Migrating from MSTest to XUnit 2

We recently migrated most of our testing from the MSTest framework1 to XUnit 2 (from here on in, I will be referring to this as just XUnit). This was not a change taken lightly since it touched a lot of files, but we were motivated by a number of XUnit features, including reduced need to attribute test classes, easier data-driven tests, and parallel test execution.

Sadly, if you try this you may discover as we did that the XUnit documentation is equal parts super helpful and woefully lacking, depending on what you are trying to do. After hearing yet another colleague lament how hard it was to find information on some feature or other of XUnit, I thought it might be a good idea to document some of the things I have learned and hopefully, introduce yet another helpful XUnit resource to the Internet2.

For those not familiar with XUnit, the basics are pretty easy. In fact the existing XUnit documentation includes a handy table mapping concepts in other test frameworks to their XUnit equivalents. You can check that table out for details, but basically, through the use of attributes, constructors, IDisposable, and other interfaces, XUnit uses what I would describe as a more natural approach than other frameworks to concepts like tests, test initialization and cleanup, and test fixtures. Of course, this means that migrating from one framework to XUnit involves a bunch of file editing, but fear not for there is help.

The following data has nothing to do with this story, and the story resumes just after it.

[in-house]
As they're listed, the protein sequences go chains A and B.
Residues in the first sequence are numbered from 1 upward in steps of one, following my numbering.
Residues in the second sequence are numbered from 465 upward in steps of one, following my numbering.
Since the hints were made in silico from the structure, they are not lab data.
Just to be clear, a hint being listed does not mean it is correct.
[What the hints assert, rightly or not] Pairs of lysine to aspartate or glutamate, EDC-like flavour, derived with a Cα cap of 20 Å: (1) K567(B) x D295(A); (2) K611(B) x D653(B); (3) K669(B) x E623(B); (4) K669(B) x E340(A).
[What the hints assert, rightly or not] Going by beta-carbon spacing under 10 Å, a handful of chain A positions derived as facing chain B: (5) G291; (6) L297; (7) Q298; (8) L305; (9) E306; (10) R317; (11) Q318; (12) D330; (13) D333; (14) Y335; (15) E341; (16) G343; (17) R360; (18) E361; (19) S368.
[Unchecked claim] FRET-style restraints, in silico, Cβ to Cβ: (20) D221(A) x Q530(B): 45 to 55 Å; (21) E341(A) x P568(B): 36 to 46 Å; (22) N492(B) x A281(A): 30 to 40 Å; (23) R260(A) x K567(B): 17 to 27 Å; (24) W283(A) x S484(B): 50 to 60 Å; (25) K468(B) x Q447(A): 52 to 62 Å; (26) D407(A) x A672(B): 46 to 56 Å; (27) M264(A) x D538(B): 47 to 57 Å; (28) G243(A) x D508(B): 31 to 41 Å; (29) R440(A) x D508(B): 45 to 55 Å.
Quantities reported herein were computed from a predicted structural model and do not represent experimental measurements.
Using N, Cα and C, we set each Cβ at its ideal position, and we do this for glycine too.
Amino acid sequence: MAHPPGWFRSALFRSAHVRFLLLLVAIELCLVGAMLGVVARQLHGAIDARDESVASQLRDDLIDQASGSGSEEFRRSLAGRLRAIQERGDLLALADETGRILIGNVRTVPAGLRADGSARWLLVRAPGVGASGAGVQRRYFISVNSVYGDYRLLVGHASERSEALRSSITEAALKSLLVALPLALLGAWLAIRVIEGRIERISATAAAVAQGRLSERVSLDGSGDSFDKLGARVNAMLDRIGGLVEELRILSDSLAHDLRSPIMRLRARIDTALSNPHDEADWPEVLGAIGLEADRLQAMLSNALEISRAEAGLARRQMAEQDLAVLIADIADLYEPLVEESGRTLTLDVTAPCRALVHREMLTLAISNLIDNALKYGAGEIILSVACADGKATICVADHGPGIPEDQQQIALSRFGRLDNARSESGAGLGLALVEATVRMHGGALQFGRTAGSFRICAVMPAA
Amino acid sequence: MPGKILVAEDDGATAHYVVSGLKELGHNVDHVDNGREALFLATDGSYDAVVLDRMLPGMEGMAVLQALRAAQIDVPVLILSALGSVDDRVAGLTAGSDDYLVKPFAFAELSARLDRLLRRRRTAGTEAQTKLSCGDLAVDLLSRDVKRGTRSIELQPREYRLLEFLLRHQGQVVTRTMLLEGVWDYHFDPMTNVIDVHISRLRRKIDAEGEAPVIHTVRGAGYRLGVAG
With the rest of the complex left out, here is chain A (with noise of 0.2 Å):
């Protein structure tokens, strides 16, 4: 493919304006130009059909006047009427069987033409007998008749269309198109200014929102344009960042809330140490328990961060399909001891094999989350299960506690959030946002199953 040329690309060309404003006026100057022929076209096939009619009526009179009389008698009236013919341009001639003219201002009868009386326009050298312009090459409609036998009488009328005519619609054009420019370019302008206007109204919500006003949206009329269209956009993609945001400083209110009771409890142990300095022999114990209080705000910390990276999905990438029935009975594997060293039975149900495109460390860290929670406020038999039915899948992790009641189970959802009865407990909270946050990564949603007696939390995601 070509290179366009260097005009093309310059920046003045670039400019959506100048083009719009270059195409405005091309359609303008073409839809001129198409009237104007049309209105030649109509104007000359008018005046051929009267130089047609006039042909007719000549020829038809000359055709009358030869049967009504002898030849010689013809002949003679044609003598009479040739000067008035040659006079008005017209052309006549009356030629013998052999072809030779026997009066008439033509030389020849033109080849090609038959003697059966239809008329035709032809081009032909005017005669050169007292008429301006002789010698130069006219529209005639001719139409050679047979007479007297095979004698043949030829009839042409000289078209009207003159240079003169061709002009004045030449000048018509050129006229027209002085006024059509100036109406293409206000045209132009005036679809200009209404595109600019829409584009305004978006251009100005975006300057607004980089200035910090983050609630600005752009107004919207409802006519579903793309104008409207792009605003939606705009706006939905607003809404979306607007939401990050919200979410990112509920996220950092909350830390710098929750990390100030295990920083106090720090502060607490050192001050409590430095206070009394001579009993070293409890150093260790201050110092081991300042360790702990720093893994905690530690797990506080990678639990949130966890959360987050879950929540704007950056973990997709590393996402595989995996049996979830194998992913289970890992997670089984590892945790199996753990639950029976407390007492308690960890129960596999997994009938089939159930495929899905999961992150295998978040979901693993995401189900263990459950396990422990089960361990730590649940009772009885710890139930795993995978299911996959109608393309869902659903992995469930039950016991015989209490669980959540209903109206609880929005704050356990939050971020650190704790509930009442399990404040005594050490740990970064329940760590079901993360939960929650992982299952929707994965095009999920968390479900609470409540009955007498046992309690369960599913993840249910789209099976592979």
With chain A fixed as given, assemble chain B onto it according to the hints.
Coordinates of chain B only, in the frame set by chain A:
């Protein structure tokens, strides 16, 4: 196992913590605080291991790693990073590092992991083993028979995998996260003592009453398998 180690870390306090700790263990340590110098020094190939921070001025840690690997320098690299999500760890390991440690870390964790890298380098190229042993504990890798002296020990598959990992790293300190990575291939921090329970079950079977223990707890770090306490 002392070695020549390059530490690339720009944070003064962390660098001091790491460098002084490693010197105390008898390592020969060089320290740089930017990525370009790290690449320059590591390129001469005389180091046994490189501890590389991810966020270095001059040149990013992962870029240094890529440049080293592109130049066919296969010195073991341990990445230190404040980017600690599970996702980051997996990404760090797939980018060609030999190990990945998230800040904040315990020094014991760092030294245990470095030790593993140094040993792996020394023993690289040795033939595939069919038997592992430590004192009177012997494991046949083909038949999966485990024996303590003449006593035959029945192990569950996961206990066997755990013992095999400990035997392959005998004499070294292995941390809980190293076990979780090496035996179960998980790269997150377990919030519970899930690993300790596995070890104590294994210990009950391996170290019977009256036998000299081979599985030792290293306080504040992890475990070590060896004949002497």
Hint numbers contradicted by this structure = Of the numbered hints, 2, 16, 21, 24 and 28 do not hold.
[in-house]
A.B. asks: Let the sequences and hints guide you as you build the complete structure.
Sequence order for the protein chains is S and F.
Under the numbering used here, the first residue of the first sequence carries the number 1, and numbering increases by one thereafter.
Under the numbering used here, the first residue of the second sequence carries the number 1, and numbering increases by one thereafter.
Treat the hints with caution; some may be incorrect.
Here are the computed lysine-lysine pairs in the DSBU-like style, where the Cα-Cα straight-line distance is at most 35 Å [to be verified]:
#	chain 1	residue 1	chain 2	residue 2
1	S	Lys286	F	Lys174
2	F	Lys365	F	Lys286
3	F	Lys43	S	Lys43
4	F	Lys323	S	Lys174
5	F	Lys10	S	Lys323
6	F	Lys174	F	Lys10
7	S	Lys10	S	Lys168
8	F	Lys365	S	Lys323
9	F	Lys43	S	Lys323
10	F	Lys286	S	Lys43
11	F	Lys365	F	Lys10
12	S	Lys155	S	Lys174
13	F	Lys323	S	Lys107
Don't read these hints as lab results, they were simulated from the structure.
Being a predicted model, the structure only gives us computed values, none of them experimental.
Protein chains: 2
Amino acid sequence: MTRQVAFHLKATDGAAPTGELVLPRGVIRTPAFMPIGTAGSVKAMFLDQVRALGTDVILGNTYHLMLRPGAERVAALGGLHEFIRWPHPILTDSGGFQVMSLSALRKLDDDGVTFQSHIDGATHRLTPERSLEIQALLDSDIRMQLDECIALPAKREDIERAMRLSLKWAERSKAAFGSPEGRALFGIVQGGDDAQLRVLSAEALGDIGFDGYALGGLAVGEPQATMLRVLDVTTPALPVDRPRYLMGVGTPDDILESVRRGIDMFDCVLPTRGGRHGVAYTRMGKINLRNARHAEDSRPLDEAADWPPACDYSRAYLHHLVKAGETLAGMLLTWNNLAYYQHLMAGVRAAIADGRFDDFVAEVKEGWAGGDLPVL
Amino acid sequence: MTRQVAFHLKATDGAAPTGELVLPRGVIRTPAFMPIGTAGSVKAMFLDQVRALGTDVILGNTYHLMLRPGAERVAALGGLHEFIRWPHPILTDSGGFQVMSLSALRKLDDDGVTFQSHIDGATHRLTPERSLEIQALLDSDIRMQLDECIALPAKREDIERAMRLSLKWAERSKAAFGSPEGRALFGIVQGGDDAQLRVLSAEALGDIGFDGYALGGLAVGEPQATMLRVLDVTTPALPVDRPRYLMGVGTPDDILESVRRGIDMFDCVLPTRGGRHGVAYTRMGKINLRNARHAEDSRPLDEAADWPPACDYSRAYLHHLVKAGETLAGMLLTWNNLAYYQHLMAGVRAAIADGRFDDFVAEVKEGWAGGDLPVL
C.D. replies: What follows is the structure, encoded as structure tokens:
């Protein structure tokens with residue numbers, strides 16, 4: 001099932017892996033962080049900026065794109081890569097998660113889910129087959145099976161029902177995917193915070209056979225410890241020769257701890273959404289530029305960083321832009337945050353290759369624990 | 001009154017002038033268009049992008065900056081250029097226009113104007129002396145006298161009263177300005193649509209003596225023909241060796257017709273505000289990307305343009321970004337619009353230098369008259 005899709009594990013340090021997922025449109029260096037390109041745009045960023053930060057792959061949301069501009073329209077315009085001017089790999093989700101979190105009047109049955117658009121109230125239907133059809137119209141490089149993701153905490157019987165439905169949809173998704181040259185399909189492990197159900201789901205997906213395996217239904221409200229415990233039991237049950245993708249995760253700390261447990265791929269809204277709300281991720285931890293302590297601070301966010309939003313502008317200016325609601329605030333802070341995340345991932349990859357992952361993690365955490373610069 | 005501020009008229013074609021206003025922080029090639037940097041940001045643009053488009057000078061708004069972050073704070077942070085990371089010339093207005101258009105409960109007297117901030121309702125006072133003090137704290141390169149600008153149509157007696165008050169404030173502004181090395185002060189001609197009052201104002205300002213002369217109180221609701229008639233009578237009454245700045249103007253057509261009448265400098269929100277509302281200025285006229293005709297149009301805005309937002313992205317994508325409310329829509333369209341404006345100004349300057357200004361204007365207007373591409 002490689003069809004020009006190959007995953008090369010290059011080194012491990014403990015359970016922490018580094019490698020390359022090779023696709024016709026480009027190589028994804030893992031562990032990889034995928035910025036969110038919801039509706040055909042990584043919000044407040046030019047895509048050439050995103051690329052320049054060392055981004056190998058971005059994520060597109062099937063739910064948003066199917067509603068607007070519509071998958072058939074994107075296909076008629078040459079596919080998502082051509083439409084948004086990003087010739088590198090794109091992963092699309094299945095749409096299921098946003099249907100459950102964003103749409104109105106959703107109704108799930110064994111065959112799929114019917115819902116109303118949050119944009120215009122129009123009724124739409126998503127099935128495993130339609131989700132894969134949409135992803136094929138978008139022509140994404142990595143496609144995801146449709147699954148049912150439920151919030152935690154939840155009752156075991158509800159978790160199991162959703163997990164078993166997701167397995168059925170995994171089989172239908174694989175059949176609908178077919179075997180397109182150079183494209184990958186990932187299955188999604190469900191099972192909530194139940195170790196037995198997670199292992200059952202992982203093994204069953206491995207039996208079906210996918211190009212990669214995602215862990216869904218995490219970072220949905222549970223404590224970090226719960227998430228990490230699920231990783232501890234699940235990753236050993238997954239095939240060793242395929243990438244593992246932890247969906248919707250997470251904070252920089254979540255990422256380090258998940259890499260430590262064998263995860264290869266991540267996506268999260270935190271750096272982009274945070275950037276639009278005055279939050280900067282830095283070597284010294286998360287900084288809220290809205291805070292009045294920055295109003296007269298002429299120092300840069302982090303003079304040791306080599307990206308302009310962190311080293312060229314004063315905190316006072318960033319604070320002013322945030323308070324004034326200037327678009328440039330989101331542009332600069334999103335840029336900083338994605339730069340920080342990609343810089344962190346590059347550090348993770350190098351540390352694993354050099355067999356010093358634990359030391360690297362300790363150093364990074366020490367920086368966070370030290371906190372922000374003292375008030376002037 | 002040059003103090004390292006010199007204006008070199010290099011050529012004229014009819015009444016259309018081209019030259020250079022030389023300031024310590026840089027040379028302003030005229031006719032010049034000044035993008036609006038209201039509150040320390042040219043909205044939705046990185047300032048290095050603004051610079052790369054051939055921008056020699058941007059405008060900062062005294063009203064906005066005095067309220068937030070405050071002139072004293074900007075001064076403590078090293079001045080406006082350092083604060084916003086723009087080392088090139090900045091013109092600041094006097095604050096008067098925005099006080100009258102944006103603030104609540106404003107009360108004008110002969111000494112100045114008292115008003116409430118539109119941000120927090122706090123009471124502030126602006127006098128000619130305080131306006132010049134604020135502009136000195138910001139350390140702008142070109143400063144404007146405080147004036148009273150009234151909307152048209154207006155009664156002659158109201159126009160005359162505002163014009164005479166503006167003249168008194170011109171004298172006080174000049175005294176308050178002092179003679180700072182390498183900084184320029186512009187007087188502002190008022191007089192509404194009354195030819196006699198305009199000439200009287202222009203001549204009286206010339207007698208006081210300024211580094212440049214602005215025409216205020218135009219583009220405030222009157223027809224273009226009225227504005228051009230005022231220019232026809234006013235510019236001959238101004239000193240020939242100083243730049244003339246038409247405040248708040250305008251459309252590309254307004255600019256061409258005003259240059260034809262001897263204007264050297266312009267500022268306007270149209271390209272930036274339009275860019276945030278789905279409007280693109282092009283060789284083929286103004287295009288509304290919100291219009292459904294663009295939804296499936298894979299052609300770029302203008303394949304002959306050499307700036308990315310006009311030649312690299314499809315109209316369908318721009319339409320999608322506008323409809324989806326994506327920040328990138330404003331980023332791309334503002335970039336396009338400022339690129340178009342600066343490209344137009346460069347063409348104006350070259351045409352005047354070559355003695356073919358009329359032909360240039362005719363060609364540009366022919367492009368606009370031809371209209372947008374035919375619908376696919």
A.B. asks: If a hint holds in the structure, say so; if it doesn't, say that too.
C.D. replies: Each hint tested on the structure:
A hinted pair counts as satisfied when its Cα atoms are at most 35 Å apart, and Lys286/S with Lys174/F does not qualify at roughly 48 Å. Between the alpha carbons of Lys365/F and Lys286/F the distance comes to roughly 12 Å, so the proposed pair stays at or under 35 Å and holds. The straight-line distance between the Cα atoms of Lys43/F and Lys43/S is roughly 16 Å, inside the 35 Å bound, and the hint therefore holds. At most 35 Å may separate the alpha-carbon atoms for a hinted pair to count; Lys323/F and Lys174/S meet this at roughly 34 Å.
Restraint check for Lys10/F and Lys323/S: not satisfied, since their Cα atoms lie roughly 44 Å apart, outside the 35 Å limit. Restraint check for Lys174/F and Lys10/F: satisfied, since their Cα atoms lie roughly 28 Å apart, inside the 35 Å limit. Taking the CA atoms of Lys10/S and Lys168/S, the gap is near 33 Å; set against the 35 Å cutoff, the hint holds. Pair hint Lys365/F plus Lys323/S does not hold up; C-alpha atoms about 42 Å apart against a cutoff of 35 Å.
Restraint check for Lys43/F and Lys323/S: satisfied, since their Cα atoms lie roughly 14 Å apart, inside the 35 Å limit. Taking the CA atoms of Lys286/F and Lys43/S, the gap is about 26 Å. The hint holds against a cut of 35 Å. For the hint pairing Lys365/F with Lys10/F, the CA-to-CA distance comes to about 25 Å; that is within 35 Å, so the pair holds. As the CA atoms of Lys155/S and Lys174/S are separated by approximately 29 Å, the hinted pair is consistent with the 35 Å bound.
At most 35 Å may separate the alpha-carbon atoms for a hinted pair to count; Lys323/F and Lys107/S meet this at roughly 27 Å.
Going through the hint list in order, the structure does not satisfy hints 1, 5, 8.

The bulk of the migration was made a lot easier by using the XUnitConverter, a tool available in the dotnet/codeformatter GitHub repository. Although it does not take care of everything (beware if you have multiple test classes per file) and, depending on your preferred code format, can mess your formatting up a bit, but it does make the migration a lot easier.

The XUnitConverter runs against a csproj file. You can use PowerShell to recurse your solution and process all your projects like this:

Once the converter has done its thing, it is easy to identify further changes by using the compiler (things don't like to build if something did not work right). Although most things get converted with ease— [TestMethod] becomes [Fact], [TestInitialize]  becomes a constructor, complex tests will need a little more assistance to fully migrate. For example, XUnit uses interfaces and fixture classes to replace the kind of shared initialization and cleanup that MSTest provides via the [ClassInitialize] and [ClassCleanup]. We will start tackling these issues next time.

  1. Version 1 of MSTest, not the new and improved MSTest version 2 

  2. I would like to document my anecdotal information before I even consider tackling something a little more structured like contributing to the official documentation